jim lee Archives - Robot 6 @ Comic Book Resources
Publishing | DC Entertainment Co-Publishers Dan DiDio and Jim Lee talk about the state of the comics market, DC’s upcoming move from New York City to Burbank, the growing female audience and more. “There’s also a diversification within the audience itself the past couple of years,” Lee observed. “You’ve seen more women, more female readers, in general. When we launched Batgirl and Gotham Academy, those books struck a different note, different tonality, and that was in large part due to editor Mark Doyle bringing these projects together with different kinds of creators. It was our way of broadening the base of the Batman family of books but doing it in a different way to attract a different audience. I think it speaks well to the future that we’re not just going to strike the same note looking for the same customer. [...] You can’t necessarily rely on the same continuity, the same core hardcore comics-driven material; you have to diversify, broaden your net and bring in different voices to the company.” [ICv2]
Maybe it’s the exhaustion talking, but I can’t stop watching this GIF of Jim Lee, Grant Morrison, Geoff Johns, Dan DiDio, John Romita Jr. and Scott Snyder from the Entertainment Weekly Social Media booth at Comic-Con International. It may be my favorite thing today, at least until I find the next thing …
“Certainly when you relaunch a whole universe, something like the New 52, you’re gonna essentially create a bible that kind of guides and dictates the evolution and growth of the universe. We’re in year three of that, and certainly every story that’s created is done through the collaboration of an editor with the writer and the artist and the rest of the creative team. So I certainly think Mark Doyle coming on and becoming the Batman Group editor was a big part of that. I think it’s also a recognition that our audience has evolved and we wanna make sure that we tell the stories that the audiences are craving. So we identified this need. We’re coming out with these different kinds of storylines, and, frankly, it’s exciting because we have a lot of Batman books, and I think it’s a disservice to the fans and to the character to have everything feel of the same tonality. I’m a big fan of Becky Cloonan, so I’m really looking forward to her work on Gotham Academy. I think it’s healthy for the business, and it’s an exciting time to be a Batman fan.”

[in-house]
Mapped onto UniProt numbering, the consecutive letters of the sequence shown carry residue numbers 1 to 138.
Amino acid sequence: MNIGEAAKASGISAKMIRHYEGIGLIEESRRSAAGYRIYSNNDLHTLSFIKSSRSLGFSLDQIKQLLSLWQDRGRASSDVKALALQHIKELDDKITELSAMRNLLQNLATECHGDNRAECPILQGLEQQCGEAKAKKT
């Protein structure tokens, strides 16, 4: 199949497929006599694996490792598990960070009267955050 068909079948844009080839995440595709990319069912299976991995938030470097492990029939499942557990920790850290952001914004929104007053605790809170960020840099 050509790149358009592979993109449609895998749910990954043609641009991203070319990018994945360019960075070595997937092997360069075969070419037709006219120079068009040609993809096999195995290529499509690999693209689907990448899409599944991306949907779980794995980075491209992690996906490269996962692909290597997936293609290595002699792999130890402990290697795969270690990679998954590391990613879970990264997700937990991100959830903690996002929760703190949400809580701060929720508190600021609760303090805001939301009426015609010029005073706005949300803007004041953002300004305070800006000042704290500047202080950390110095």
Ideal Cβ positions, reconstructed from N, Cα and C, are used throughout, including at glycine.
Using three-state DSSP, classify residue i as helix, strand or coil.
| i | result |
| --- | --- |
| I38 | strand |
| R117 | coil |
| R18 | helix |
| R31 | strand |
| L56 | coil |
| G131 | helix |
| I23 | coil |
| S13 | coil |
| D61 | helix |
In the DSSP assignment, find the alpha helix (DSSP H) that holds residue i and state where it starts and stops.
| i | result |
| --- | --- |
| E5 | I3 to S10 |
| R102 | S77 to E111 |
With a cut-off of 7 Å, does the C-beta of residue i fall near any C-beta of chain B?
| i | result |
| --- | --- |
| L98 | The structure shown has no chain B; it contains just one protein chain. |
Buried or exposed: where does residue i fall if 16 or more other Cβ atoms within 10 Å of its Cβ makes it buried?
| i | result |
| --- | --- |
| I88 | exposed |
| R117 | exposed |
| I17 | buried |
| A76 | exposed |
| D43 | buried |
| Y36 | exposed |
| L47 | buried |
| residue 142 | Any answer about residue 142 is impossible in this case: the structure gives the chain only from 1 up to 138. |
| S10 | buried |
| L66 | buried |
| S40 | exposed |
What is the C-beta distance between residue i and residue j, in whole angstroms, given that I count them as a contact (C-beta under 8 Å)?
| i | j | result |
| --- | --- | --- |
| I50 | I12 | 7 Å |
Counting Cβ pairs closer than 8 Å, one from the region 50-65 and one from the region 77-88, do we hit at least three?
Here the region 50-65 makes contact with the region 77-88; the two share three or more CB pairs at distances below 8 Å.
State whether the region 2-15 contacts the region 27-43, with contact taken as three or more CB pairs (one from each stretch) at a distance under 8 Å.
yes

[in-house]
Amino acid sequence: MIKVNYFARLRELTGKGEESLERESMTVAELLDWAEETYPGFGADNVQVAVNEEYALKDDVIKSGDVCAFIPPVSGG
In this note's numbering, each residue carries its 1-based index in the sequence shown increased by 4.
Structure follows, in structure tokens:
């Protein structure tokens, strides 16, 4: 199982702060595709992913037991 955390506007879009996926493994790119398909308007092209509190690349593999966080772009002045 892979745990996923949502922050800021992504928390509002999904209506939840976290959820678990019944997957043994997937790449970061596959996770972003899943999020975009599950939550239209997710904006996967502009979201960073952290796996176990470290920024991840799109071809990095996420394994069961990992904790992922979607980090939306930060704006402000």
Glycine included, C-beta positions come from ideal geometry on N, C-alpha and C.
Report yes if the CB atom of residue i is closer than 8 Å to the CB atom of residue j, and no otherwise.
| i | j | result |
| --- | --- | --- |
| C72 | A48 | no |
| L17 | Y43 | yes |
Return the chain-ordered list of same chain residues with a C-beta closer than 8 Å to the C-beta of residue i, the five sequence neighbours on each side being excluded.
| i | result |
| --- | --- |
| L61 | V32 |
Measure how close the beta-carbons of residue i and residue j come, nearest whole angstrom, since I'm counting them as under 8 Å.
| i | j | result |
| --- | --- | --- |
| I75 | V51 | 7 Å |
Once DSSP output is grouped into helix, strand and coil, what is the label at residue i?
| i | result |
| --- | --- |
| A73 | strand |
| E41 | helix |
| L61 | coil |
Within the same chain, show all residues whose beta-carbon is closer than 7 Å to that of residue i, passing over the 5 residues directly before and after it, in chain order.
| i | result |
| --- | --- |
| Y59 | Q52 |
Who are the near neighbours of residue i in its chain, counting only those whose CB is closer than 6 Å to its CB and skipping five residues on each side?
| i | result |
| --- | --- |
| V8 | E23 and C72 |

— DC Entertainment Co-Publisher Jim Lee, talking with Entertainment Weekly about the decision to take “the Batman world” in a different direction with the newly announced Arkham Manor and Gotham Academy. (He also mentions Batgirl among the developments he’s looking forward to in the back half of Batman’s 75th anniversary celebration.)
DC Entertainment Co-Publisher Jim Lee has been known to hold scavenger hunts at Comic-Con International and C2E2, dropping visual clues on Twitter to direct his fans to hidden character sketches. For this Comic-Con, however, he’ll celebrate his fast-approaching 50th birthday (it’s on Aug. 11) by giving away 50 previously drawn sketches at his spotlight panel on Sunday.